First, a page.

That wretched Asoka spoilt it by embracing Buddhism. Otherwise, the Biharis would have kept thrashing the Oriyas, as they rightly did at Kalinga, and everything would have been hunky dory. Now we were in this historical mess, this pot of glue, this jam-jar infected with leftist flies.
This pocked hide as warm with secular fleas … ” The disingenuous discourse continues through the parable of Michel Raynal with its detached metaphysical analysis. It is the historical pieces that are the crowning glory of Daruwalla’s style. “Trojan Horse”, “Islands”, “The Ford” and “The Yavana Cometh” carry a precise historical vision along with dire contemporary prophecy, culminating often in “hubris and divine wrath and heroes foredoomed”.
This sensitive historical and cultural understanding combined with Daruwalla’s ear for enigmatic silence make this collection of poetic stories a truly valuable contribution to Indian literature
The Minister for Permanent Unrest and Other Stories
Review by Sunil Sethi
I thought I knew what I was in for in reading a book by a retired police officer and intelligence man—cops, robbers and cross-border intrigues, drug cartels, hawala rackets and undertrials being systematically deboned in provincial lockups. If Keki Daruwalla was in a satiric mood perhaps a moll or two; if pedantically political, a few Joginder Singh types as well as some high-level cock-ups in the Home Ministry and Intelligence Bureau.
But poets just won’t give critics a break.
Many of Daruwalla’s short stories turn out to be about in-laws rather than outlaws. Even in the most obviously political story, set in an imaginary Latin American dictatorship, the action only gets going when the Chief Censor (“You are my Minister for Permanent Unrest,” says the President) encounters two old chums at his in-laws’ house.
In a book of several winning surprises this is the strangest, most remarkable work, not least because it is uncertain whether Daruwalla has ever been to South America. If he hasn’t, it is proof of Oscar Wilde’s aphorism that you don’t have to go to Japan to write about Japan; you can imagine it sitting on a bench in Hyde Park. It is not the ironic coup de grace (will wearing a bullet-proof jacket during a political assassination save or condemn you?) that is as unusual as the atmosphere Daruwalla conjures up of a society in a dictator’s grip, riddled with underground revolt, religious ferment and ecological disaster—where “the sea is dark as a solid, the hinterland dark with rumour”.
That kind of poetic line, perfectly balanced in symmetry and metre, illuminates Daruwalla’s prose which can, in a couple of sentences, capture the essence of place and time. Consider the opening lines of And On You Also be Peace: “Mirza Koocha was the kind of place where people replaced the wrought-iron grills of their balconies with material made of packing cases; where the cotton bow twanged in the morning as people brought out their old quilts and mattresses and got them redone… It was the kind of place where a retired schoolmaster passed all his mornings in a neighbour’s veranda reading newspapers.”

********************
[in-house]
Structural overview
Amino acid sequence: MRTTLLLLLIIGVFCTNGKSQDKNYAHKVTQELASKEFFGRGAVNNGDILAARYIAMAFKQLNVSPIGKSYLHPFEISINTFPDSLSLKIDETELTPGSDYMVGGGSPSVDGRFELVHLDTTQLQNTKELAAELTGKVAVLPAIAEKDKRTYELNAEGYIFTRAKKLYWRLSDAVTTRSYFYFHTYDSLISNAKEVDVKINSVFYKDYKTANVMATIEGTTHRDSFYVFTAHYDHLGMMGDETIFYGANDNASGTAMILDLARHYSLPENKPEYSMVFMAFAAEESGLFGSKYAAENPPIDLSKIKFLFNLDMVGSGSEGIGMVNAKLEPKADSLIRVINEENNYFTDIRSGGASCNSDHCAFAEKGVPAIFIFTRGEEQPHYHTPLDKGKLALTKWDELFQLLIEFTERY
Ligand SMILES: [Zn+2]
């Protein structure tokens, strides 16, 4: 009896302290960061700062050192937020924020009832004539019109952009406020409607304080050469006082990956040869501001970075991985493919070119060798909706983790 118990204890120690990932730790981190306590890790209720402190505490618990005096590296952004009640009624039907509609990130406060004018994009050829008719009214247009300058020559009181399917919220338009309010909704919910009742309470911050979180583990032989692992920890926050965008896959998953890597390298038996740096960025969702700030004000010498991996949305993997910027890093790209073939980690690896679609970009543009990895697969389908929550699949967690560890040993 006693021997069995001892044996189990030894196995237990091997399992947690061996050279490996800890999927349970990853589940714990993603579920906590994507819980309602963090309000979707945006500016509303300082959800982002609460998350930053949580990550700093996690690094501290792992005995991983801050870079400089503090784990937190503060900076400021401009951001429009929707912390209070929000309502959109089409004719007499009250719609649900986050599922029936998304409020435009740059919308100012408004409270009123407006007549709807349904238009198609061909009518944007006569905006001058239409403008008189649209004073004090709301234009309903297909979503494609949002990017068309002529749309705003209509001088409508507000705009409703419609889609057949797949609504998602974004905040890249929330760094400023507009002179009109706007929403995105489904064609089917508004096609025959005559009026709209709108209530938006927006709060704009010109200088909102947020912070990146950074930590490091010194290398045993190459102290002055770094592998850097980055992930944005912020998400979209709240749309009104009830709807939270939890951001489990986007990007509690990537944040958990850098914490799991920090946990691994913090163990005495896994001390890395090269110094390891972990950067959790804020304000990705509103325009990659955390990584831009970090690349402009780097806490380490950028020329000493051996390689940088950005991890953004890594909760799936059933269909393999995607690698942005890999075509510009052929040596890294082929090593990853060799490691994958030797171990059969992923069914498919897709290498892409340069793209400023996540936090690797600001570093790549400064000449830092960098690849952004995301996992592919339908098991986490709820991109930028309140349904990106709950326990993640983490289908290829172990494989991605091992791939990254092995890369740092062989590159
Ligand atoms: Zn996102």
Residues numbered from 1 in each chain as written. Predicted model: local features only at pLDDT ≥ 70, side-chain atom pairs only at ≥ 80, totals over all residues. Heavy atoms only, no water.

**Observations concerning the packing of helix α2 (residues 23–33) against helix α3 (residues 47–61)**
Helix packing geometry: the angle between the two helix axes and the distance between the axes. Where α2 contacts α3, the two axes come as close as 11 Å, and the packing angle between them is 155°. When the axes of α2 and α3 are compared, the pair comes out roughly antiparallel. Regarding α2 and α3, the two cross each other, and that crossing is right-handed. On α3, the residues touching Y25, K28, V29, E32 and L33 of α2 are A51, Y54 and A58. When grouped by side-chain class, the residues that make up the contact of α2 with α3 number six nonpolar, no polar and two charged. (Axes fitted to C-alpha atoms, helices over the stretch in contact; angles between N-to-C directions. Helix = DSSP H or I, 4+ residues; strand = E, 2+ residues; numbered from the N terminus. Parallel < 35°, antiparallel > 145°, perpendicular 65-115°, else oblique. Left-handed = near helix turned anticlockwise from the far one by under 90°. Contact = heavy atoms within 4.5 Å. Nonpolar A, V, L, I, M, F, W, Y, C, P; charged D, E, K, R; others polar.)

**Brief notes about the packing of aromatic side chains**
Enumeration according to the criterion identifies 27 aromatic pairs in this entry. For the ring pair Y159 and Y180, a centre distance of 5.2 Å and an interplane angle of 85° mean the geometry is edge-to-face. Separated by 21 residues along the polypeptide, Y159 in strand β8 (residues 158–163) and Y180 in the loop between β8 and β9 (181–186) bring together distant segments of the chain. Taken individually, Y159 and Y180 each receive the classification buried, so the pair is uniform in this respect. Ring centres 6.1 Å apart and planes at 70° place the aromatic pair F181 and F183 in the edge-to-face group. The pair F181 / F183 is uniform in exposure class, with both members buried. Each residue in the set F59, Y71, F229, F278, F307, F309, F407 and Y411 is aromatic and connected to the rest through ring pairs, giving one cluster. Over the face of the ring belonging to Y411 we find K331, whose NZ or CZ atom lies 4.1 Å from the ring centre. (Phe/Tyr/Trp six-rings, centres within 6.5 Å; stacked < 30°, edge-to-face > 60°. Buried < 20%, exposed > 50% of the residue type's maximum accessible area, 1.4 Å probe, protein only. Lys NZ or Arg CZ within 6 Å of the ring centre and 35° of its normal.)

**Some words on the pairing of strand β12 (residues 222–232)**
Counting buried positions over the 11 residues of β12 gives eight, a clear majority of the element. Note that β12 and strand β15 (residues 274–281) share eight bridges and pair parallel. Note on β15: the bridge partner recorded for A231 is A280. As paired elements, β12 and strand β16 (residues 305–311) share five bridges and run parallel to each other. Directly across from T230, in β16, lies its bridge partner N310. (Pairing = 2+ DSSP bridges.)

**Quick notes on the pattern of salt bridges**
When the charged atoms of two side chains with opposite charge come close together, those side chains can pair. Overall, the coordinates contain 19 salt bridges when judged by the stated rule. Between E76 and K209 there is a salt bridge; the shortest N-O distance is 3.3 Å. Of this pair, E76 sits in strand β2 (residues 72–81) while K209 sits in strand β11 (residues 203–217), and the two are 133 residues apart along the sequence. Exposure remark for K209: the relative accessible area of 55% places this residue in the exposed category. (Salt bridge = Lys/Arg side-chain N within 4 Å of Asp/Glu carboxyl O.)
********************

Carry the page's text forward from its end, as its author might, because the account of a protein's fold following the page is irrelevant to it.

The stories, clearly written over a passage of decades, reveal Daruwalla’s love of medieval history, knowledge of Sufi mysticism, Persian poetry and observation of social nuance. In Of Abdul Qasim, he takes you into the mind of a Sultanate emperor; in The Owlet Beats the Drum he embodies the convulsive schisms of 13th century Islam as a battle between religious dogma and earthly desire raging in the person of the heretic-saint of the vanished city of Saqsin in Arabia.
But Daruwalla’s poetic sensibility sometimes tends to become a disability. Because the crisis in many of the stories peters out before it develops, the characters and situations have no dramatic centre. But where Daruwalla succeeds in bringing matters to a head, as in A Plague of a Hundred Volds or The Potting of the White, the characters acquire surprising conviction and inject new life into the yarns.
Still, a basic question needs asking at the end of Daruwalla’s book. Does shorter fiction have a future in our time, other than being read by a few critics or selling a few thousand copies before it disappears into the black hole of remaindered copies?
Of course it does. Many of the stories here are readymade for intelligent, sensitively-produced television drama. But one of the monumental failures of Indian television is that it has sadly neglected drama. In the proliferating miasma of television trash, no less dictatorial or stifling than the allegorical tyrannies that are described in The Minister for Permanent Unrest, it is worth saluting the few writers and publishers such as Keki Daruwalla and Ravi Dayal who soldier on regardless.
Note: The Indian Short Story in English carries a critique of Keki N. Daruwalla’s first collection of short stories, Sword and Abyss, Vikas Publishers(1979)